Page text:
Panthers set for many changes in offseason, starting with new owner

NEW ORLEANS -- The Carolina Panthers ended the season on Sunday night with a 31-26 loss to New Orleans in the first round of the NFC playoffs.

It culminated a season that began with quarterback Cam Newton coming off surgery to repair a partially torn rotator cuff and ended with Newton being sacked by a host of Saints for a 17-yard loss with six seconds remaining.

In between there was the controversy surrounding allegations of workplace misconduct by team owner Jerry Richardson and his plans to put the team up for sale after the season.

The season was defined by three losses to the Saints in which the Panthers (11-6) had no answer for quarterback Drew Brees and company.

Here’s a recap of the season and what's next:

Season grade: Above average

Season in review: All the pieces were in place defensively for the Panthers to make a run at the Super Bowl, except when it came to stopping the Saints. New Orleans scored at least 31 points in each of the three games. Carolina couldn't match that consistency on offense as it constantly evolved from training camp to the playoffs. Injuries played a big part in that. Pro Bowl tight end Greg Olsen and Pro Bowl center Ryan Kalil missed more than half the season. Second-round pick Curtis Samuel, a wide receiver out of Ohio State, never was on the field long enough to make an impact. Much was placed on Newton, and he couldn't recapture the magic he had during his 2015 MVP season with the limited weapons around him.

That was especially true Sunday, as Carolina settled for field goals on three drives that reached at least the New Orleans 21-yard line. Had the offense been more consistent, this team had a chance to do something special. It won seven of eight games before losing to Atlanta in the regular-season finale. But the blemishes Newton and the offense showed late in the season ultimately led to the team’s downfall.

Biggest play of season: It happened on the second play of New Orleans' third scoring drive Sunday. Wide receiver Ted Ginn Jr., not re-signed by the Panthers after catching 14 touchdown passes over the past two seasons, got deep for an 80-yard touchdown that jump-started the Saints to a 21-6 lead. Ginn represented the speed and veteran leadership the Carolina receiving corps missed much of the season. It led the Panthers to trade No. 1 receiver Kelvin Benjamin to Buffalo to get more speed on the field. Former general manager Dave Gettleman simply wasn't willing to put much money into the 32-year-old receiver, but Ginn showed with that play, that he has plenty left in the tank.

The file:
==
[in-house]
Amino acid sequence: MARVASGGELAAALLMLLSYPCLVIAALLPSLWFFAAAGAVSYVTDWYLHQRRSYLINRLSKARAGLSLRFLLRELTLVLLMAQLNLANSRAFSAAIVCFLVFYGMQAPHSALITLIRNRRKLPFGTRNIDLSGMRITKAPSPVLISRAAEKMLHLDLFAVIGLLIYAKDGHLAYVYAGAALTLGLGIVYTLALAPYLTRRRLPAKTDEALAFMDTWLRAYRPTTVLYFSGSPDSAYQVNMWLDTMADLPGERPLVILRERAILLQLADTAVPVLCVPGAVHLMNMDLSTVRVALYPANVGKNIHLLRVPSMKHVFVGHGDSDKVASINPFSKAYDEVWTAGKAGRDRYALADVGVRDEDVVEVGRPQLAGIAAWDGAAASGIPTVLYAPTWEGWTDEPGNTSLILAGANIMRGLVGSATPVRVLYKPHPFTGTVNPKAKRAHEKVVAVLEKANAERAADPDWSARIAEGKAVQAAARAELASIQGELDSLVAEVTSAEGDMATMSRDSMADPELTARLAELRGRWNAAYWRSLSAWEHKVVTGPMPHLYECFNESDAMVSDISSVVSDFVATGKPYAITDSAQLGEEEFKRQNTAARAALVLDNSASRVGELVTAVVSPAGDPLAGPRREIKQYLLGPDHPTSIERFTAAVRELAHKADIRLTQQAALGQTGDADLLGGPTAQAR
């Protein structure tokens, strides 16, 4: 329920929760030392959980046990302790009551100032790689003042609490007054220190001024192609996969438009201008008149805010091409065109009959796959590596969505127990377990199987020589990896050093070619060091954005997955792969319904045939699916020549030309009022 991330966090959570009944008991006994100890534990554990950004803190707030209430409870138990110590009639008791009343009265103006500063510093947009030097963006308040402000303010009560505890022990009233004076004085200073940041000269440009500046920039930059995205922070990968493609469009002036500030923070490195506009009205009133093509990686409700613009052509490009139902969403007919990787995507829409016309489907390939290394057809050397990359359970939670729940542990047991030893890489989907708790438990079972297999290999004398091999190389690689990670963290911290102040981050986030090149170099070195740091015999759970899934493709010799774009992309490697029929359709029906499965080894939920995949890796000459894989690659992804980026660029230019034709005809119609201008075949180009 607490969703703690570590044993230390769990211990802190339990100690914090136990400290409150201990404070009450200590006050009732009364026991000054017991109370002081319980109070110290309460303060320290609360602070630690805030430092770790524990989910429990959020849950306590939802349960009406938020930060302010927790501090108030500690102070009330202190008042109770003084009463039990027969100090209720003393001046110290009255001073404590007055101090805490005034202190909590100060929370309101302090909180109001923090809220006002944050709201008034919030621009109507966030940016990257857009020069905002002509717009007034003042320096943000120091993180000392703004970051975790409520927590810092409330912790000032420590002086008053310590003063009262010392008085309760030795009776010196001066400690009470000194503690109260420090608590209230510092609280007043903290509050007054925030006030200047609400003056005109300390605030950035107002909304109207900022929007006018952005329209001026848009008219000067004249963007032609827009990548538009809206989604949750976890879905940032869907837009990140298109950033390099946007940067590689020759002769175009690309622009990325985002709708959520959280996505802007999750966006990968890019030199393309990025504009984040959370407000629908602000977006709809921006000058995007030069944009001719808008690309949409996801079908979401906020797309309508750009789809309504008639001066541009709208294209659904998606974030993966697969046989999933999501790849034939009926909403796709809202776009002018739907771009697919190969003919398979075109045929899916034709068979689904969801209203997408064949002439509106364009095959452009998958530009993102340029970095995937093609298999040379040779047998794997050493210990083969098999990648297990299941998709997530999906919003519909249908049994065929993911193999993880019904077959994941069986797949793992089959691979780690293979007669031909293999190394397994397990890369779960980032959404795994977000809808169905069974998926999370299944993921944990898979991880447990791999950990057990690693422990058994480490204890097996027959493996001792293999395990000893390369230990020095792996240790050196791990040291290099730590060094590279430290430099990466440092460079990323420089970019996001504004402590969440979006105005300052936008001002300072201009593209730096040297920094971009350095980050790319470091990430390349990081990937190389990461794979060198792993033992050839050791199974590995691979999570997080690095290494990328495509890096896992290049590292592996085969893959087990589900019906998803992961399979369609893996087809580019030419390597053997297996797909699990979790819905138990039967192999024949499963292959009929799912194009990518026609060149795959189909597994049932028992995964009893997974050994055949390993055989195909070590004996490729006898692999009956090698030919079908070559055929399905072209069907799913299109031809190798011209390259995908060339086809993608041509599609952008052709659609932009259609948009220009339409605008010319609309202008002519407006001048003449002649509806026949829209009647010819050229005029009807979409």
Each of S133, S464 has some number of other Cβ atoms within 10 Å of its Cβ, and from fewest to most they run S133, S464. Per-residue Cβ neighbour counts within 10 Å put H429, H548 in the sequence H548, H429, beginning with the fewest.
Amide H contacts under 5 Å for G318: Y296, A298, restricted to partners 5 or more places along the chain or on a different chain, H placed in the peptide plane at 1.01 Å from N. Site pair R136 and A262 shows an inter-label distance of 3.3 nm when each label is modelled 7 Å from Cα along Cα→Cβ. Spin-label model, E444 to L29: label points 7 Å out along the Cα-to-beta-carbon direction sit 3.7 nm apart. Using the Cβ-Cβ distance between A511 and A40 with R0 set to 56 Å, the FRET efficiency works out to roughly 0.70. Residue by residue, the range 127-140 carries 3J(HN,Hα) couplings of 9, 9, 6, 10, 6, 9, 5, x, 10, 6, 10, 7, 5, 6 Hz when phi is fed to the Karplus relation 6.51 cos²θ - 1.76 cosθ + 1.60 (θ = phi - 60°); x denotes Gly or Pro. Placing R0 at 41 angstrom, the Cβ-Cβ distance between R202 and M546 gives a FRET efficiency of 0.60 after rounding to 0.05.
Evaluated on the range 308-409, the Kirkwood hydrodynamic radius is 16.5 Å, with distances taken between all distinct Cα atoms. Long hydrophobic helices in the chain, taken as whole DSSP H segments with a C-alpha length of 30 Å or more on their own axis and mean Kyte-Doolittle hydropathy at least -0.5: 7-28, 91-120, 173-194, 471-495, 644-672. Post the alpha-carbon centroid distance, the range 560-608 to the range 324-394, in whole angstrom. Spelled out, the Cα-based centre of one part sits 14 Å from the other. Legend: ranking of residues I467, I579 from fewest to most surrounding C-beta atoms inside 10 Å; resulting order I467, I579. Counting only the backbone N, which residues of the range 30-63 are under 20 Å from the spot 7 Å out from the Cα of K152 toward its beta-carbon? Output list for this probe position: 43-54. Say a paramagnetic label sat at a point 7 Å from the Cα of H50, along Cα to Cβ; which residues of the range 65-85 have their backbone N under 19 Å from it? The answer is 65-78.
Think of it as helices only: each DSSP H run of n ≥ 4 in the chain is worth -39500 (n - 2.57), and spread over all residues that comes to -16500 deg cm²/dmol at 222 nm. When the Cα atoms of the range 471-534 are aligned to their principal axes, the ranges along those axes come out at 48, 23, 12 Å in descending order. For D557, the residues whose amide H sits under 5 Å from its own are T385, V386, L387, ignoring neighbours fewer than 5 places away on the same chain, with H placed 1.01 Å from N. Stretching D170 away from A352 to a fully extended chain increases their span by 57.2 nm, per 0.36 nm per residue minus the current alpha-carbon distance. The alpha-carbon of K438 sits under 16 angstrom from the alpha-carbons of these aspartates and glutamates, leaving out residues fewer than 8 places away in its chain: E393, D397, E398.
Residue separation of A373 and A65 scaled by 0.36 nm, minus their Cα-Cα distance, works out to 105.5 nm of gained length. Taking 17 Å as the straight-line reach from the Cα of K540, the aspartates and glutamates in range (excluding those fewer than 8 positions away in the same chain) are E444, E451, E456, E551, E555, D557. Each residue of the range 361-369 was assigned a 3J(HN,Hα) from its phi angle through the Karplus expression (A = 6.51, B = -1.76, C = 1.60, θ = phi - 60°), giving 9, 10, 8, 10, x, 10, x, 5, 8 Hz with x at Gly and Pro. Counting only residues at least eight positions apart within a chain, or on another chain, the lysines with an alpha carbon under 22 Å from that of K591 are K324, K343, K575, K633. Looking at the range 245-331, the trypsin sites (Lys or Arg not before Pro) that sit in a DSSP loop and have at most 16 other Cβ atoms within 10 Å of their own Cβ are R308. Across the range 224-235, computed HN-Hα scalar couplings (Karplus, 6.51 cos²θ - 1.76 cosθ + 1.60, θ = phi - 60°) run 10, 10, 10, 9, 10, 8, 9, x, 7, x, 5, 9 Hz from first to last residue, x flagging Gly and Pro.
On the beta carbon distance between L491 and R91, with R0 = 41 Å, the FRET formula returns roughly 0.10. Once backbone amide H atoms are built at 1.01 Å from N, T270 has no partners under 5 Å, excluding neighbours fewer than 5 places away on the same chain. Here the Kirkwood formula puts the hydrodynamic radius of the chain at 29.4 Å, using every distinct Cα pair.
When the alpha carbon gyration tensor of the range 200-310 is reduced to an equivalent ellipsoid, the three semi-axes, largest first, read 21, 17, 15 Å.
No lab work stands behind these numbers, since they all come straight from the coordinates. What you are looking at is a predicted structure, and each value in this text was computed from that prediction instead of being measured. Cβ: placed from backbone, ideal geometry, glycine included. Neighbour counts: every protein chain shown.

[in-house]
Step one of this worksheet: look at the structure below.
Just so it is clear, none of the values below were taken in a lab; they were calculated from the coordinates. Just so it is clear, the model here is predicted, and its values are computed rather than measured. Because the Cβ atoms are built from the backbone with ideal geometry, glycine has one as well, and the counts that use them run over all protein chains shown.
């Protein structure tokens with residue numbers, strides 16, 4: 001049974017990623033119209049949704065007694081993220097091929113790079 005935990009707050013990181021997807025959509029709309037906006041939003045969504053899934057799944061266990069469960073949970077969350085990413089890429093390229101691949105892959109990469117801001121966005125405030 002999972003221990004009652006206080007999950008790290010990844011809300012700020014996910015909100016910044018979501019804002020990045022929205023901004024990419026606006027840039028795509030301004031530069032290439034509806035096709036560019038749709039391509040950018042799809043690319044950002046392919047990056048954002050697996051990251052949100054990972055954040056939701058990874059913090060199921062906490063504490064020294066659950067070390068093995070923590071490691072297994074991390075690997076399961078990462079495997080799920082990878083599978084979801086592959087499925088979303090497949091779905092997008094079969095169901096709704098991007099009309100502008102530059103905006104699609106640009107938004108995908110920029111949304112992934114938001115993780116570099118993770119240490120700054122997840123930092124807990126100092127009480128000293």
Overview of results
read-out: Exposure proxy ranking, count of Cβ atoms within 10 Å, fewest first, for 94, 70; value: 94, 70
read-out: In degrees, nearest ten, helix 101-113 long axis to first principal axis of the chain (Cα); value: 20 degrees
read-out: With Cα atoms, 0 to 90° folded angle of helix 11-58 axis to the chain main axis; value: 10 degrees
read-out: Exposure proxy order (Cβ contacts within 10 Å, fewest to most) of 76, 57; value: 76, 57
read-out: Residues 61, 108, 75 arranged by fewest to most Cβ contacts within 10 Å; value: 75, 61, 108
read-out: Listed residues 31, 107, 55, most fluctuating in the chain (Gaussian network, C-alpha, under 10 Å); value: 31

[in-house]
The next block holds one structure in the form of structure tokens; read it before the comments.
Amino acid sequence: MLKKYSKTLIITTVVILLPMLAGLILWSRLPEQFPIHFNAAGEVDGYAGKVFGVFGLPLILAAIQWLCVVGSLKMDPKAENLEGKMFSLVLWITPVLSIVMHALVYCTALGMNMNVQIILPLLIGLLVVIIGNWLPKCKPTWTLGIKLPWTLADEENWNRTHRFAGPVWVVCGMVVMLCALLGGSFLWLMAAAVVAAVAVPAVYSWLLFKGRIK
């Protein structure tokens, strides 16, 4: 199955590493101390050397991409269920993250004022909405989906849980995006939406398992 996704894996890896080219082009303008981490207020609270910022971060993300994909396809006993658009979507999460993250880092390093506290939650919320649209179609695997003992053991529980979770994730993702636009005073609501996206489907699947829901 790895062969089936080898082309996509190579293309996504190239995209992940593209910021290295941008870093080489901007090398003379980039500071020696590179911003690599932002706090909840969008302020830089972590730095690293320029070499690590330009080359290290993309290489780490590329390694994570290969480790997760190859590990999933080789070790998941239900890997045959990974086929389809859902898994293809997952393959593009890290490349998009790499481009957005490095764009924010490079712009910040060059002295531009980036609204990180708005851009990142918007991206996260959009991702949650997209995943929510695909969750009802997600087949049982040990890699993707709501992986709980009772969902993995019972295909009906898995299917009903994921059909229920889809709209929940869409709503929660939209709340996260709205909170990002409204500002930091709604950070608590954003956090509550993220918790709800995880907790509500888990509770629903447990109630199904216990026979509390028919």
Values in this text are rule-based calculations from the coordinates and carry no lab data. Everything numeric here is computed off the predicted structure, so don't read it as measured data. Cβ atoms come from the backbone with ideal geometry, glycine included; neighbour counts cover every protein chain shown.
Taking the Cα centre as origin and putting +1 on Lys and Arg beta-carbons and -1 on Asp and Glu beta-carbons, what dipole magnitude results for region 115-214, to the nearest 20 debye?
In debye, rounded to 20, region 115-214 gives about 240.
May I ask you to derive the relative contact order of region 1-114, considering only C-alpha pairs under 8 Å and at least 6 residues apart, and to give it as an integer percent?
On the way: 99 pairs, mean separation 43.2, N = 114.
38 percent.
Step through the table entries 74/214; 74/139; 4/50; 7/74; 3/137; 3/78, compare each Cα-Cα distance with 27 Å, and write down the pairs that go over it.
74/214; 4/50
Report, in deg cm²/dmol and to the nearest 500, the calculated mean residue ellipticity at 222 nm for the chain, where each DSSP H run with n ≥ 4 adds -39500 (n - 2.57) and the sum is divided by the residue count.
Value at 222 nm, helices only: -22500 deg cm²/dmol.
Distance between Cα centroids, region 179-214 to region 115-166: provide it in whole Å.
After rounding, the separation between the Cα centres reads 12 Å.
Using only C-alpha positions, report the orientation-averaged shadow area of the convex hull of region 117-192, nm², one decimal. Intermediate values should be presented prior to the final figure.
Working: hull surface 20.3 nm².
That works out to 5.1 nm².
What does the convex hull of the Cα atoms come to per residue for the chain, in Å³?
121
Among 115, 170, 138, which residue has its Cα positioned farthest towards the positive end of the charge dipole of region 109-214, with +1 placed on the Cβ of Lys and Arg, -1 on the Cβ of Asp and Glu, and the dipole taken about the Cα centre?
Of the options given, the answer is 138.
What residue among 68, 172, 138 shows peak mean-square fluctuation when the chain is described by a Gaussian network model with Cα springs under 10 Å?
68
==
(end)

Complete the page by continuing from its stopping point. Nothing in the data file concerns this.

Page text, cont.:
He said it: "We've weathered storms. This team has been faced with a lot of adversity, and it's brought us closer together. We've faced some of the bigger wins in hostile environments. Carpe diem, living in the moment, seizing it." -- Newton before Sunday's playoff game, in which the Panthers couldn't weather the Saints' storm.

Key offseason questions:

Biggest draft need: Go-to wide receiver. The Panthers have a dynamic running back for the future in Christian McCaffrey, but they don't have a dynamic wide receiver that can take the pressure off Newton. Samuel could be that guy, but he spent most of his rookie season injured and wasn't a player that struck fear into the heart of defenses. If the Panthers are going to keep pace with the offenses of New Orleans and Atlanta, they must upgrade.

Free-agency targets: Finding a way to keep left guard Andrew Norwell, who has gone from an undrafted rookie to a player who will get a huge deal. The Panthers invested a five-year, $55.5 million deal in left tackle Matt Kalil and gave right guard Trai Turner a four-year, $45 million extension. Whether they have the cash to keep Norwell remains to be seen.

Another year for Peppers? Future Hall of Fame defensive end Julius Peppers signed a one-year deal when he returned to the team that made him the second pick of the 2002 draft. It appeared his only intent was to make a run to a Super Bowl, but he played well, compiling 11 sacks, and hasn't completely shut the door on returning for another season. Coach Ron Rivera already has said he'd love to have Peppers back. If not, the Panthers will be in the market for a defensive end in the draft and free agency. Charles Johnson being inactive on Sunday might signal the end of his career.

End of the line for Stewart? Running back Jonathan Stewart was signed to an extension through 2018 this past year. But the future at running back on this team is McCaffrey, and Stewart, 30, did little to show he deserved another year. He’ll count $5.25 million in 2018, and the Panthers can save $3.75 million by releasing him. It would make more sense to put that money toward a deal for Norwell than a back whose career is on the decline.